Online ad revenues continue their upward surge, hitting $16.9 billion in 2006, according to the Interactive Advertising Bureau’s annual revenue report, released today. Search ads and dollars from consumer-aimed advertisers still dominate, while spending on CPM and performance-based advertising has grown.
Revenues in ’06 rose 35 percent over 2005. At $16.9 billion, the total was higher than the $16.8 billion originally estimated by the IAB in March. Back in 1999, online ad revenues clocked in at $4.6 billion, according to the report. The survey for the yearly IAB Internet Advertising Revenue Report is conducted by PricewaterhouseCoopers.
“We’re starting to see marketers and agencies really understand that interactive isn’t just part of the mix,” said Sheryl Draizen, SVP for the IAB. “It’s becoming central to it…It can impact every [point] of the purchase funnel.”
At $6.8 billion in 2006, dollars put towards search ads rose 31 percent from $5.1 billion the year before. Search ad spending comprised 40 percent of 2006 full-year revenues, having slid a bit from 41 percent in ’05.
Display ads came in at $5.4 billion in 2006, accounting for 32 percent of that year’s revenues, compared to its 34 percent allotment in 2005, when display spending reached $4.3 billion. Display advertising includes rich media, sponsorship-related ads, as well as ads served by search king Google’s ad network.
Classifieds and lead generation advertising gained proportionally, according to the study. Classifieds totaled $3.1 billion, inching up from 17 percent of spending in 2005 to 18 percent last year. Lead generation advertising — encompassing monies paid by advertisers to firms that provide customer leads collected online — rose from $753 million or 6 percent of Web ad revenues in 2005 to $1.3 billion or 8 percent in ’06.
E-mail ad spending rose from $251 million in 2005 to $338 million in ’06, about 2 percent of total spending for both years.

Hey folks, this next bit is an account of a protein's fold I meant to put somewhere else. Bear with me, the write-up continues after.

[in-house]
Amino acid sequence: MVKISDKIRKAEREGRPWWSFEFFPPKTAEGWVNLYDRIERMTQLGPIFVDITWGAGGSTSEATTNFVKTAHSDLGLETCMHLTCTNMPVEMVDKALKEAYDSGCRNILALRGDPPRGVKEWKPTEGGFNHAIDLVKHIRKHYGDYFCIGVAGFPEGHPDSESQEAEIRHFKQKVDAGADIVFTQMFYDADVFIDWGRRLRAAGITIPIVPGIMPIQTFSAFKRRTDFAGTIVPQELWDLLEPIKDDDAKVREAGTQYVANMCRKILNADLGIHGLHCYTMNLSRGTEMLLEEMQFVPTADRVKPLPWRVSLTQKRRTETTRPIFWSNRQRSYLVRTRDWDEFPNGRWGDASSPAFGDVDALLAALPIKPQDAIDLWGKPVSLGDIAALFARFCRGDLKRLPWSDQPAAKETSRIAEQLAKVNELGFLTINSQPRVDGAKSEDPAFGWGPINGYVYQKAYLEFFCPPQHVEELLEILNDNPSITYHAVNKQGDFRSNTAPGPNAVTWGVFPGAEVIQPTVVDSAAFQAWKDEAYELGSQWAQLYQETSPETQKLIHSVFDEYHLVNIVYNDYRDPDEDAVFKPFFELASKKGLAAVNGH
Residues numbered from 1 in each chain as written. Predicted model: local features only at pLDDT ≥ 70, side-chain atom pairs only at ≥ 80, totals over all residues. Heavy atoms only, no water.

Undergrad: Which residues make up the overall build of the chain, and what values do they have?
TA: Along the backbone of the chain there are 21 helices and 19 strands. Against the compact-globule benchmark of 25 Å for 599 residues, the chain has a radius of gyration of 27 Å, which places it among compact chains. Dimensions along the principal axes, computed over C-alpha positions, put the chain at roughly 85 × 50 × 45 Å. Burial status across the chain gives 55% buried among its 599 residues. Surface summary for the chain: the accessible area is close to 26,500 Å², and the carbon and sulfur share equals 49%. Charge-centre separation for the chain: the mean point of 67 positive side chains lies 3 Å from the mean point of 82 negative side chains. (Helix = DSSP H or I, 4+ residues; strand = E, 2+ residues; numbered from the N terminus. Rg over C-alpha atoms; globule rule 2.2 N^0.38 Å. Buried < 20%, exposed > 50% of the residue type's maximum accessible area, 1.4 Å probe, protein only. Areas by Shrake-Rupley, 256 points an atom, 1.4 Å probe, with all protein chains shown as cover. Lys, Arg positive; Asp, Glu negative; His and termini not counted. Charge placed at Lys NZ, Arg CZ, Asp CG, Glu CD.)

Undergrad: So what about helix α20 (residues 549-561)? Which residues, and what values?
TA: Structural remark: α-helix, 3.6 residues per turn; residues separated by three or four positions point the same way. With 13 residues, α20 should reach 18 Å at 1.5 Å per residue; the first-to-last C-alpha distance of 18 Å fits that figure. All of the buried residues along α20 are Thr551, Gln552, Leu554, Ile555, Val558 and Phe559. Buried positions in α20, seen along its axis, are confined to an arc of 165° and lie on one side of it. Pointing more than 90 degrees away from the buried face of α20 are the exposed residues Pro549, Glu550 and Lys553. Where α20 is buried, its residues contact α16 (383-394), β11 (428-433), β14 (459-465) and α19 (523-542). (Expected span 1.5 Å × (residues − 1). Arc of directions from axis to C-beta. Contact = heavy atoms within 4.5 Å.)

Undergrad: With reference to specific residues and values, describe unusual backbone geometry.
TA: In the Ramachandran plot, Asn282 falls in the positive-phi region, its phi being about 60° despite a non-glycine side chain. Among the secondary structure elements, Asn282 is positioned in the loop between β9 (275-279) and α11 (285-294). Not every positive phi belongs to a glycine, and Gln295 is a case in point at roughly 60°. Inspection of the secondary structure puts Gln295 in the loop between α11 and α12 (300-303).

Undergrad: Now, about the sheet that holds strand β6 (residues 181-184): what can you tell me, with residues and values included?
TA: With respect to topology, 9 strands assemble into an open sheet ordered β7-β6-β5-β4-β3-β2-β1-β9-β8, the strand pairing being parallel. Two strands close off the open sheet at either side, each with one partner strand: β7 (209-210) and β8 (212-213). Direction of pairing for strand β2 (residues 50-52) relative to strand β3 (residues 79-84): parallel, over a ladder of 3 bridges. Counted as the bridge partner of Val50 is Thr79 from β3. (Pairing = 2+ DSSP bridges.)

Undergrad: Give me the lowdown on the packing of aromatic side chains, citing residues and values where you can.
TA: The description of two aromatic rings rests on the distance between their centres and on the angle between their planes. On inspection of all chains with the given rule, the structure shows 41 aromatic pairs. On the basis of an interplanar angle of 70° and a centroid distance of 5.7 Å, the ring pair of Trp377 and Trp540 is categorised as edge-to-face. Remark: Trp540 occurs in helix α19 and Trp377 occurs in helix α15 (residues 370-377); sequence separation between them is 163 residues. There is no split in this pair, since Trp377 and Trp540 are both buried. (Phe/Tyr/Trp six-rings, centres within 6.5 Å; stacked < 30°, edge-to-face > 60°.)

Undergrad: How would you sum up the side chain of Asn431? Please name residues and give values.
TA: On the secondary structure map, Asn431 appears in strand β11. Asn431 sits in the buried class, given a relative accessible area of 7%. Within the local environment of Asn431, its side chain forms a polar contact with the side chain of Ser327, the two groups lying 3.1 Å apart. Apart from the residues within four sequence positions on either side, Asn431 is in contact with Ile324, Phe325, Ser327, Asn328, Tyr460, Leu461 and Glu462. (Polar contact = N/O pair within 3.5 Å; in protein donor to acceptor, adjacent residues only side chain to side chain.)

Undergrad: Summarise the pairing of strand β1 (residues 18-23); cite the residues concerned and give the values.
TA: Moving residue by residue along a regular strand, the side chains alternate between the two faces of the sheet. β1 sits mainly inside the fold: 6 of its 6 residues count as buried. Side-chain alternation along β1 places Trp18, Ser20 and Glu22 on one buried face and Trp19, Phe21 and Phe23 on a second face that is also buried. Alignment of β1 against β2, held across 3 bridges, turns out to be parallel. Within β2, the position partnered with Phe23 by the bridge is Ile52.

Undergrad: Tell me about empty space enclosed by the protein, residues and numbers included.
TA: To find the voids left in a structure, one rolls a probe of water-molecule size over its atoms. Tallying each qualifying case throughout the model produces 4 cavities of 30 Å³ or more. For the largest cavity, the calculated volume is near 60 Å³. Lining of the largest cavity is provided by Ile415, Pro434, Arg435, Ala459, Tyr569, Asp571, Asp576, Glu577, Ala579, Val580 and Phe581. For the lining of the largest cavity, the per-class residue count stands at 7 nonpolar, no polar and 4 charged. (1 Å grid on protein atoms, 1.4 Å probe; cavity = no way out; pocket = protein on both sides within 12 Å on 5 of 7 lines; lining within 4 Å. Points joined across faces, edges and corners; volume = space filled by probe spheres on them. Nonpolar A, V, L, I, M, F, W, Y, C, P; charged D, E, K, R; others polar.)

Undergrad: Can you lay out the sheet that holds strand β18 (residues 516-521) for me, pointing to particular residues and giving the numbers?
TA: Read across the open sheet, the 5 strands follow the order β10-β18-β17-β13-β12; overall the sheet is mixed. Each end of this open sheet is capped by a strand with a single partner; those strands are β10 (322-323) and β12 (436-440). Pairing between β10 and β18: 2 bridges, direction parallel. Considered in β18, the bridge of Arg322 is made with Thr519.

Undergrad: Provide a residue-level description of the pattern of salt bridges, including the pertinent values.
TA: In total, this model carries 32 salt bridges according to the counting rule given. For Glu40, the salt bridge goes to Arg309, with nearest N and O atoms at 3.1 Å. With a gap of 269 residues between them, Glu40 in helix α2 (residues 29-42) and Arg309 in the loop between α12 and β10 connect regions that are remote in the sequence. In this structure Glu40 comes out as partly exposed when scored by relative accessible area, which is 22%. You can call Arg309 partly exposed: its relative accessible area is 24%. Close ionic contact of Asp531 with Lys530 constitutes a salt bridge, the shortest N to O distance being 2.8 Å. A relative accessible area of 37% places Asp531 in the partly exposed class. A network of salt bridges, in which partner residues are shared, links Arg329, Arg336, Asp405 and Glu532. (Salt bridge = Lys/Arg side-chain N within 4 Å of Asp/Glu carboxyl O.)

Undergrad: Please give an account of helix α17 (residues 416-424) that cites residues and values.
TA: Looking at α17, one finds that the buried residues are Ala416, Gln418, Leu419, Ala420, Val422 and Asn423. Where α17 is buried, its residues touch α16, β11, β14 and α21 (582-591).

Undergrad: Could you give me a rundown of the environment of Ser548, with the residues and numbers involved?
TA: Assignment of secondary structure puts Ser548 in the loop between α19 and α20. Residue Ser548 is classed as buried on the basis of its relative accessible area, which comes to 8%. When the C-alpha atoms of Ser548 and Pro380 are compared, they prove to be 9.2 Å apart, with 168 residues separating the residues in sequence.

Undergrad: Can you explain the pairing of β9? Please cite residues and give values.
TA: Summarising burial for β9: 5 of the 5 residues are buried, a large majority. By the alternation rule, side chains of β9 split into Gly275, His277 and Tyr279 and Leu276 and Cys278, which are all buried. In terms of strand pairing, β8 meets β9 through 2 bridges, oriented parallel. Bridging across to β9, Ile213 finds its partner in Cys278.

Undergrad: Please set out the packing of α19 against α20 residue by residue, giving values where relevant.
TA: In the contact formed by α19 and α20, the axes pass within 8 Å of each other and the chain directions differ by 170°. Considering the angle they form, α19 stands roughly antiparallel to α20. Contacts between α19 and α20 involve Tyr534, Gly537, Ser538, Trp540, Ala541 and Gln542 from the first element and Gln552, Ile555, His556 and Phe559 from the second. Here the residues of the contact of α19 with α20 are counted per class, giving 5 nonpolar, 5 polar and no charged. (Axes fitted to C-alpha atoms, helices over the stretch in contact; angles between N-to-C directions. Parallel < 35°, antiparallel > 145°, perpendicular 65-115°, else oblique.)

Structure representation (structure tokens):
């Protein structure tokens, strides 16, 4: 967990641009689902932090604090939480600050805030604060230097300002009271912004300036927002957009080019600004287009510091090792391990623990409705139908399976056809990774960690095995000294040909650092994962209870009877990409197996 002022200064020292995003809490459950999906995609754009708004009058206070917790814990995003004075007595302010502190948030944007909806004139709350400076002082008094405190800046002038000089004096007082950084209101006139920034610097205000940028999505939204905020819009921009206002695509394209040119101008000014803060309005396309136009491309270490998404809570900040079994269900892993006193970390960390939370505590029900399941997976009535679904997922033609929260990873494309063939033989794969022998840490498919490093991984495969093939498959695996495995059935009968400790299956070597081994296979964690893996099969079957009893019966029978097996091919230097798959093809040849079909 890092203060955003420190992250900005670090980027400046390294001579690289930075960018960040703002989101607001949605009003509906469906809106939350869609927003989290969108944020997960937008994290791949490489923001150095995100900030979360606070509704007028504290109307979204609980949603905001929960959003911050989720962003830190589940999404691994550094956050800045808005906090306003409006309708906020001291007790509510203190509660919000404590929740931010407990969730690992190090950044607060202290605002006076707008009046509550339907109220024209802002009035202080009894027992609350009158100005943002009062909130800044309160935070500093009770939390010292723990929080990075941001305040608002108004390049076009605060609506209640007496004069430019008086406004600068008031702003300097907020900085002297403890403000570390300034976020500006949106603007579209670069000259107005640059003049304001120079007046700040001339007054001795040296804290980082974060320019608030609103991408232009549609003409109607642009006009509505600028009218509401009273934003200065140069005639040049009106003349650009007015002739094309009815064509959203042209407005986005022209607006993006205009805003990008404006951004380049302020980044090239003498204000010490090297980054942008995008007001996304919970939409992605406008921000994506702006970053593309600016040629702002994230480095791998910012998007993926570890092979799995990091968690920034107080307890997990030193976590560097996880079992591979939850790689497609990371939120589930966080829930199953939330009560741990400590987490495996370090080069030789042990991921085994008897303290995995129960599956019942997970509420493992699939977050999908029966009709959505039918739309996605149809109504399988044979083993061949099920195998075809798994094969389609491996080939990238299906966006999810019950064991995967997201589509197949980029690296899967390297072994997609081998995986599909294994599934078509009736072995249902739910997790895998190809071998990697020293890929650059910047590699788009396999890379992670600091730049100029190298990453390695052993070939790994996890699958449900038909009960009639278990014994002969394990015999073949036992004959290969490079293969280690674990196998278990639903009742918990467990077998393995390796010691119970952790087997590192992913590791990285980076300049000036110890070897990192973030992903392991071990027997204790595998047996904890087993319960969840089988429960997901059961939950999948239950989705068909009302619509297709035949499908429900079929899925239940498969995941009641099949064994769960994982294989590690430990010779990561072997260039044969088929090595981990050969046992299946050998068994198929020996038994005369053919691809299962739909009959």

Pricing model popularity also shifted a bit. Ads purchased on a performance basis rose 6 percent from 2005 to 47 percent in 2006. CPM ad buys accounted for 48 percent of ad spending, up from 46 percent in ’05. The remaining 5 percent, down from 13 percent in 2005, were priced on hybrid models.
Hitting $8.8 billion, consumer-aimed ad spending, including retail, auto, travel and hospitality, entertainment and packaged goods, accounted for around half of all online ad spending in 2006. Financial services advertisers spent $2.7 billion or 16 percent. Computer hardware and software advertisers made up 10 percent of all ’06 advertisers, spending $1.7 billion. Telecoms spent $1.4 billion in 2006, or 8 percent of total revenues, and media advertisers spent $998 million, or 6 percent.
Although most dollars still flow to the top ten ad sellers, the names of which weren’t disclosed, spending is trickling a little more to other sites. The top ten collected 69 percent of all 2006 revenues, down from 72 percent in 2005.
“Some of the top 25…have gained some momentum,” said Draizen. The report showed the top 25 made up 82 percent of total spending in ’06. Draizen said continued growth of ad networks may be contributing to the boost in ad revenues for smaller sites, but continued, “Marketers are starting to understand that there are real benefits to branded sites.”
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